TUSCALOOSA, Ala. (AP) — An Alabama man charged with criminal mischief in the slashing of a towering "Baby Trump" balloon has defended his actions, saying it was a matter of good versus evil.
Al.com reports Hoyt Deau Hutchinson called the syndicated radio show "Rick & Bubba Show" on Monday to describe what happened. Hutchinson said he was shaking in anger when he drove past the balloon and its handlers Saturday during President Donald Trump's visit to see Louisiana State play against the University of Alabama.
He yelled at the protesters, but then realized they might have seen him, so he bought a University of Alabama shirt to better blend into the crowd and get close to the balloon, he said. Pretending he wanted a picture with the balloon, Hutchinson said he used a material cutter with a sharp razor to slice the symbol open.
The orange, diaper-clad caricature of the president is often floated at Trump appearances to protest and mock the president, which the balloon shows clutching a cellphone. The balloon measures over 20 feet tall and was left with an 8-foot-long gash in its backside.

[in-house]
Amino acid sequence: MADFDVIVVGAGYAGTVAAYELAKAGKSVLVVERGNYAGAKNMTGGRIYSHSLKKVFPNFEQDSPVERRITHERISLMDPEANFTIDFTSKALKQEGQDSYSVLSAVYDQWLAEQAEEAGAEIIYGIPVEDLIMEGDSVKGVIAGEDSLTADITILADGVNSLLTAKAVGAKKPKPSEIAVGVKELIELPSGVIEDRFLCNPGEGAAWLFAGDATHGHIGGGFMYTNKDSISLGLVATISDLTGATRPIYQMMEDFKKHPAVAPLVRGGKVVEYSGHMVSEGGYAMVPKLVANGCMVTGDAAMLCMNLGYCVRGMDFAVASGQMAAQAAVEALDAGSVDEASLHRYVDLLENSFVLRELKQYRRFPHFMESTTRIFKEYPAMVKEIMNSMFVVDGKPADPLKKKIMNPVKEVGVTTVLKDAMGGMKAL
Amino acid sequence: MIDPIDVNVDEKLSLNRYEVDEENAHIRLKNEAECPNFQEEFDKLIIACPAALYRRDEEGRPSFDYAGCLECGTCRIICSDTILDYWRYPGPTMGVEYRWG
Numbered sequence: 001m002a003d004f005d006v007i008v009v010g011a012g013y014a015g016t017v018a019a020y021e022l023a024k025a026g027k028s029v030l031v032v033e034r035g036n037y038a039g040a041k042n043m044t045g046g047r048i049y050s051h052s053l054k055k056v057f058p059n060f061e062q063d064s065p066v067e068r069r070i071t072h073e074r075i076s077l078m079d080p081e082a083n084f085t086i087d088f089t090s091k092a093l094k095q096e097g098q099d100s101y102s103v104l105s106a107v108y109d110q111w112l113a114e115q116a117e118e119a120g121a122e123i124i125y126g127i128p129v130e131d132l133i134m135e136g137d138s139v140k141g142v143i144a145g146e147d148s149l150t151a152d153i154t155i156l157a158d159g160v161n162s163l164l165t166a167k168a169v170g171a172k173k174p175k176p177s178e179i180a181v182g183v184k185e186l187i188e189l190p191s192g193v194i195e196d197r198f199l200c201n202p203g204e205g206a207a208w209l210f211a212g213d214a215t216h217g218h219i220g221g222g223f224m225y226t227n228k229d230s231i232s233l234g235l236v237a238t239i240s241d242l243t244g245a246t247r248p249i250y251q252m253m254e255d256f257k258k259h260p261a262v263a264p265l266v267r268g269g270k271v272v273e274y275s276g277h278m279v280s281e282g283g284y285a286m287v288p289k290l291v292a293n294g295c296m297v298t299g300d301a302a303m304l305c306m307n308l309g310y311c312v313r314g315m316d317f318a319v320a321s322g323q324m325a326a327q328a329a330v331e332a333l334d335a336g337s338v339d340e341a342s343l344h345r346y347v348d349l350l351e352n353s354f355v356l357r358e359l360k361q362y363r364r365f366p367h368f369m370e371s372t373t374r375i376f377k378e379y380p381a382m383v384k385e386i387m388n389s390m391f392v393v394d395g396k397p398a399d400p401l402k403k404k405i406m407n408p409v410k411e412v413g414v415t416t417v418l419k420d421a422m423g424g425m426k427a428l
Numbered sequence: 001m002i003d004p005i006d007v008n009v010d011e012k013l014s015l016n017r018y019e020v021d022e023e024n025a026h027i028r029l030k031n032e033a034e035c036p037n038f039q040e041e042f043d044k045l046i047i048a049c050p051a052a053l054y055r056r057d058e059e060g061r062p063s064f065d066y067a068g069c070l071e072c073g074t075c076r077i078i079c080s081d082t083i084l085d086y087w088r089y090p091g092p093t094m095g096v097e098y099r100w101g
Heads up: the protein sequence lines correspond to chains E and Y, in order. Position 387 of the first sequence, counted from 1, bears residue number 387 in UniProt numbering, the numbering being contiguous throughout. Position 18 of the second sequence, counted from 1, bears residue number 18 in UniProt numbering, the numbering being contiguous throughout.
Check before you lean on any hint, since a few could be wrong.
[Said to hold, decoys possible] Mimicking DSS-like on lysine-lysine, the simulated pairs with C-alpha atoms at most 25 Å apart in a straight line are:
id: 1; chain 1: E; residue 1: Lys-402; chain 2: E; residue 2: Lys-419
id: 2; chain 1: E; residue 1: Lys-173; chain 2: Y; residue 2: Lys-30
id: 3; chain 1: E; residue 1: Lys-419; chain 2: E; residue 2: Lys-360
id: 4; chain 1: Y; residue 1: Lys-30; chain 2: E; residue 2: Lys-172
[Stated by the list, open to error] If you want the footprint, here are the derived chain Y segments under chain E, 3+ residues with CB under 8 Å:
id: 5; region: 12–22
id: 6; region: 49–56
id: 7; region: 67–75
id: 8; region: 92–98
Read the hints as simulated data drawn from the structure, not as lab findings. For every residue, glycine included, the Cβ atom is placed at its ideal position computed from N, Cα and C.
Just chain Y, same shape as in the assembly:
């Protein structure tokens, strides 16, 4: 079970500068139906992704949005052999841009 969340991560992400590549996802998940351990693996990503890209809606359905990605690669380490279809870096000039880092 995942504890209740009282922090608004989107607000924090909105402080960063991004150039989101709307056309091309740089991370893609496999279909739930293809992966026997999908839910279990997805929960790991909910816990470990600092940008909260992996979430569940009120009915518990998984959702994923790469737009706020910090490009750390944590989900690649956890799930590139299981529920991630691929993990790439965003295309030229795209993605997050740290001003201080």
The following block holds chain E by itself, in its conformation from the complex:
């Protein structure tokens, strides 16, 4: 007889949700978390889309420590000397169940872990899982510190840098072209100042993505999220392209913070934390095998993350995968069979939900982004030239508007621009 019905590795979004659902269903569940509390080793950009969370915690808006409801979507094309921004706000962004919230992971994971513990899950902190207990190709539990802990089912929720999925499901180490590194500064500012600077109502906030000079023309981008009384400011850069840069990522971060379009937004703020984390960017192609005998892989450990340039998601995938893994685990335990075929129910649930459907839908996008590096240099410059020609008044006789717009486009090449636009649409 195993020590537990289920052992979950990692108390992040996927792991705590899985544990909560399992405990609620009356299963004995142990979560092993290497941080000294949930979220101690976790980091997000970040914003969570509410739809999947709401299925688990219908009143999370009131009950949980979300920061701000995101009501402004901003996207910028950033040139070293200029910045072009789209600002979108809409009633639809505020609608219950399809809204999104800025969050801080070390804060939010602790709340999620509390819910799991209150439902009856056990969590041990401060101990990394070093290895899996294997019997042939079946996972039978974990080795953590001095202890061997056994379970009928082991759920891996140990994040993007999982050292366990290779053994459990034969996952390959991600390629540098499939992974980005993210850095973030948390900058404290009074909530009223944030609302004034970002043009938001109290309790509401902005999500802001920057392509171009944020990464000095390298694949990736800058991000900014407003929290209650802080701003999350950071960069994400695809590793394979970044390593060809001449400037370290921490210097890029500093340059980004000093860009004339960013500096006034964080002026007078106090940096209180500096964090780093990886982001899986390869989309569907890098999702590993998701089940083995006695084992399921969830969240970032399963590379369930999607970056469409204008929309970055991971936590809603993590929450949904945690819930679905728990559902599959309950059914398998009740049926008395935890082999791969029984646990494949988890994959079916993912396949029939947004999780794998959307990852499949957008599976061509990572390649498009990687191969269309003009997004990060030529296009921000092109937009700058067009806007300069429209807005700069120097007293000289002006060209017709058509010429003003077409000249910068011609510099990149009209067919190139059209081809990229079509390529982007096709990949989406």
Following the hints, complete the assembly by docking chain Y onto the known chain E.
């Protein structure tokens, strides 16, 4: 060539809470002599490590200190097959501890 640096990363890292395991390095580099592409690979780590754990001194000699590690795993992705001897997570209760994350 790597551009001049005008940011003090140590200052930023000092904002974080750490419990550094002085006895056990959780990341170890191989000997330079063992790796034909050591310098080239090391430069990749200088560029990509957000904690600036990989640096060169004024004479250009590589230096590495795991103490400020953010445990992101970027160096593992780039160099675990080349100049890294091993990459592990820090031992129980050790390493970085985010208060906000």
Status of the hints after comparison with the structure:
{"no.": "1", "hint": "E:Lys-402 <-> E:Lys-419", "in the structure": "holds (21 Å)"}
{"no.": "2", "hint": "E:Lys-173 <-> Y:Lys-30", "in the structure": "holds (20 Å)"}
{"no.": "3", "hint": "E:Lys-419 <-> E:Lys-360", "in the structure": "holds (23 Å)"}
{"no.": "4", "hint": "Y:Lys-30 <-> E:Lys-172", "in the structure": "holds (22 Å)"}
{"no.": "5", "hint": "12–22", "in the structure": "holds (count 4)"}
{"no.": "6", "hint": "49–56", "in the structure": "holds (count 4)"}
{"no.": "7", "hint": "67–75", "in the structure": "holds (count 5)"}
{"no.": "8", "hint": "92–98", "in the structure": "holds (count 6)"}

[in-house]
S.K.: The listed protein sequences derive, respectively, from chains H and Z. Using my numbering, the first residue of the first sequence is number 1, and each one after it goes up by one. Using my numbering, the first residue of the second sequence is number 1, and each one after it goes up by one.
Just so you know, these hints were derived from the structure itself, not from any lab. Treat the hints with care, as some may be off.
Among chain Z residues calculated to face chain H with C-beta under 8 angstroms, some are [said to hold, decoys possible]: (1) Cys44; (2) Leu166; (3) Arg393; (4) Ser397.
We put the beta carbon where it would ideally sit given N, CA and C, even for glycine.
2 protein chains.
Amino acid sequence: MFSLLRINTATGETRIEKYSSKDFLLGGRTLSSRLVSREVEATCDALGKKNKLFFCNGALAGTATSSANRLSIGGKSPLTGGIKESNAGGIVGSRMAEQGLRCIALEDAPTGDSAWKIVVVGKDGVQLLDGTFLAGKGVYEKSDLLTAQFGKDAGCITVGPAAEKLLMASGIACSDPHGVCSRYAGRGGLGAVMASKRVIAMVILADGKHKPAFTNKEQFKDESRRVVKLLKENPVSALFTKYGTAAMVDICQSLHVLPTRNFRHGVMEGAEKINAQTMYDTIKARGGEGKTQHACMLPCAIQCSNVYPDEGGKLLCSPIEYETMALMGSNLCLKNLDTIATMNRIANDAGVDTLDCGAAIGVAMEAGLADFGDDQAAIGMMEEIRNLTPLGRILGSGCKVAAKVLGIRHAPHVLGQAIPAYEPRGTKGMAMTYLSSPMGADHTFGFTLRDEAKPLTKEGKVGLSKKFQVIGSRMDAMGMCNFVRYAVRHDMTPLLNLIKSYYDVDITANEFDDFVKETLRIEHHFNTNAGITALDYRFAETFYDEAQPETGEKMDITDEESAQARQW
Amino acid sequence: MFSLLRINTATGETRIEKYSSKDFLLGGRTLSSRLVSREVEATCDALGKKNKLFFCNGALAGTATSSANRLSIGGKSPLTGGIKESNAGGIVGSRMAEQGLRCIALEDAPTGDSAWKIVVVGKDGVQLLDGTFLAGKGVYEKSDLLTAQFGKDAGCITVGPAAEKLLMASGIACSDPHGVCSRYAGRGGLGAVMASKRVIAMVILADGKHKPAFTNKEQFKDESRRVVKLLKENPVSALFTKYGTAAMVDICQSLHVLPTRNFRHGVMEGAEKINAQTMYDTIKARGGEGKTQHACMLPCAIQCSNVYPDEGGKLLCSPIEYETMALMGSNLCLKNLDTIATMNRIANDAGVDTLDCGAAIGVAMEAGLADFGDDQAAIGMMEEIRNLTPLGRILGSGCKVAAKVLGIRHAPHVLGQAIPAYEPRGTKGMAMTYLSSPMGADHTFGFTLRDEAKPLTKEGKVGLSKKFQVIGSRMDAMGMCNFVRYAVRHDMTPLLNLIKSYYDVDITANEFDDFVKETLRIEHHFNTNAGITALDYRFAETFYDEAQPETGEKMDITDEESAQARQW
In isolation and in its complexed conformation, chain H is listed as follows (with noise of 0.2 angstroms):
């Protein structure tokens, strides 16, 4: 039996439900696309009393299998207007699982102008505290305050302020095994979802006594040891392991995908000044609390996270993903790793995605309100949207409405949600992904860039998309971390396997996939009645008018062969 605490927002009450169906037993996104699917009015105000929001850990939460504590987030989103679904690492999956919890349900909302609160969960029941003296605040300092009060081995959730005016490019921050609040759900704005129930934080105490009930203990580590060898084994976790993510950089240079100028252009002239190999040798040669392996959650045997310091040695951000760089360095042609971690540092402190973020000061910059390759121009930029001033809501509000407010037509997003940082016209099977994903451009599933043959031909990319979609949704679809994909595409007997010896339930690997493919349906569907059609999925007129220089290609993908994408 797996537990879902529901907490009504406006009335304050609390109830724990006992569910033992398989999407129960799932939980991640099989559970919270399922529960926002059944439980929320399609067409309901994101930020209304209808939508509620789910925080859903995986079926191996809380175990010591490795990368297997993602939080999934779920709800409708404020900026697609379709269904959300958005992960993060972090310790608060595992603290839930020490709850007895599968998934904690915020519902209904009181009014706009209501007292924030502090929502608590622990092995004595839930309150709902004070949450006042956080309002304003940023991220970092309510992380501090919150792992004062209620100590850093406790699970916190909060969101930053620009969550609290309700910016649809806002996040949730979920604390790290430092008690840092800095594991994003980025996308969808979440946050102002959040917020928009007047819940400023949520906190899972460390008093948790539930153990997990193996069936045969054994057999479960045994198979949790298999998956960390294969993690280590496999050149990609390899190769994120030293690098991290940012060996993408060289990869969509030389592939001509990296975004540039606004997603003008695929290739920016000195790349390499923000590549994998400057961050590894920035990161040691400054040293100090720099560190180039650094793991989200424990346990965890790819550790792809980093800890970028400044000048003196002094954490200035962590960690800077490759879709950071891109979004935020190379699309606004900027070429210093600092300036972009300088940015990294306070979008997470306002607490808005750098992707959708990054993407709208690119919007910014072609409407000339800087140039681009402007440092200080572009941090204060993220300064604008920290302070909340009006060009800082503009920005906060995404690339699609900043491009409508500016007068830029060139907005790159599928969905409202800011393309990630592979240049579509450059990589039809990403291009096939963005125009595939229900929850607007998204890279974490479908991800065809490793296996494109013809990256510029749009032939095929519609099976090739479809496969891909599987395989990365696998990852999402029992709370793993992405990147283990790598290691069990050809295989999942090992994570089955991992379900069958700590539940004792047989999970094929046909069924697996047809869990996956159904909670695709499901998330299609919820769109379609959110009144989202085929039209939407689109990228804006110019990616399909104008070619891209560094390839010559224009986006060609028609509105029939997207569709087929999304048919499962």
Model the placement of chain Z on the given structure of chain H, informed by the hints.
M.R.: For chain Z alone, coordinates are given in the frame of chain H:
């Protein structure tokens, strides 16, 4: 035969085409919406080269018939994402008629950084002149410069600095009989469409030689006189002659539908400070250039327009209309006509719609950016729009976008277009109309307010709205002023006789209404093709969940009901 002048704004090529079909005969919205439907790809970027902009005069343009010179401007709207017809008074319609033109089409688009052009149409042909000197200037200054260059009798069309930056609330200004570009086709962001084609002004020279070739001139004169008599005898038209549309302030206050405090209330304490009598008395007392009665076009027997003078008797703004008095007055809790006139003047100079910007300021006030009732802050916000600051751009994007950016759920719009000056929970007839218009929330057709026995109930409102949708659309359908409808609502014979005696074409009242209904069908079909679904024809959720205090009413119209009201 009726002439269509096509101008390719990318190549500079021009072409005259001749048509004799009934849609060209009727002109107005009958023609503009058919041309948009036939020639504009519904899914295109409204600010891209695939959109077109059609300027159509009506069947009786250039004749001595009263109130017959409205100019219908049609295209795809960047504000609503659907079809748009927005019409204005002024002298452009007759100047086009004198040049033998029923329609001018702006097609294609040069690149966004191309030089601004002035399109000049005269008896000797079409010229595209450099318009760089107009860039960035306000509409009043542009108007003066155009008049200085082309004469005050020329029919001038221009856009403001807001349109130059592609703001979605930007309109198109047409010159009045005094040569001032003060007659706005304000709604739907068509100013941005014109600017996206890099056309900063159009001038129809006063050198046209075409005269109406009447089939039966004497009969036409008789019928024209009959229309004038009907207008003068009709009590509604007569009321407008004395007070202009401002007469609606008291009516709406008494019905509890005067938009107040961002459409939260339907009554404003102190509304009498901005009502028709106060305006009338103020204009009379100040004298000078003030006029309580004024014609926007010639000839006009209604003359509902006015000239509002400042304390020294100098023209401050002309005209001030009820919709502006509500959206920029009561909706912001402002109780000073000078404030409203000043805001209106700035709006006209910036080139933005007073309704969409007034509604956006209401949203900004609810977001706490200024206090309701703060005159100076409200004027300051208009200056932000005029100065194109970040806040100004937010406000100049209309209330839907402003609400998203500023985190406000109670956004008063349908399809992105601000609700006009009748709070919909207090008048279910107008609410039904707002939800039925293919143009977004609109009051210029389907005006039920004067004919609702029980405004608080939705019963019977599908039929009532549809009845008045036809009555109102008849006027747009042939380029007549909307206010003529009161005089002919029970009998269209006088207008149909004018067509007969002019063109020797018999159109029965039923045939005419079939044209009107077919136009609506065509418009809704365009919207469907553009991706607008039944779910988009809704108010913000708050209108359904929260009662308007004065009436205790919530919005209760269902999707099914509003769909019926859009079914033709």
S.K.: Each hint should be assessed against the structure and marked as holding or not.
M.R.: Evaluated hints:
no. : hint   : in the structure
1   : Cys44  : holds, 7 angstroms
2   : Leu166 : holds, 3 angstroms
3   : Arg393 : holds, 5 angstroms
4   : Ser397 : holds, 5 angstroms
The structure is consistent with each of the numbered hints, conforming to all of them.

"I get so mad about people not taking a stand," he said. "The left wants to use religion against you like you shouldn't act like this and stuff but I'll tell you this — the Devil knows the Bible as good as we do."
Asked if the slashing was Hutchinson's attempt to echo the Biblical story of Jesus turn over the temple tables of money changers, he said yes.
"It comes a point when you gotta take a stand. We don't have two parties anymore. We have good versus evil. When you got one party that says it's OK to kill babies and by the way, this is the first time I'm ever seen a liberal get mad about chopping up a baby."
He said he yelled "Trump 2020" as he was being arrested. He later posted bail and was released.
When asked about his motivations, the 32-year-old Hutchinson told the radio station he keeps up with politics by watching Fox News and his two favorite anchors, Tucker Carlson and Sean Hannity.
"I'm not young but I'm not old. I'm sort of middle aged. I feel like a lot of people my age don't keep up with the news and politics the way they should," he said.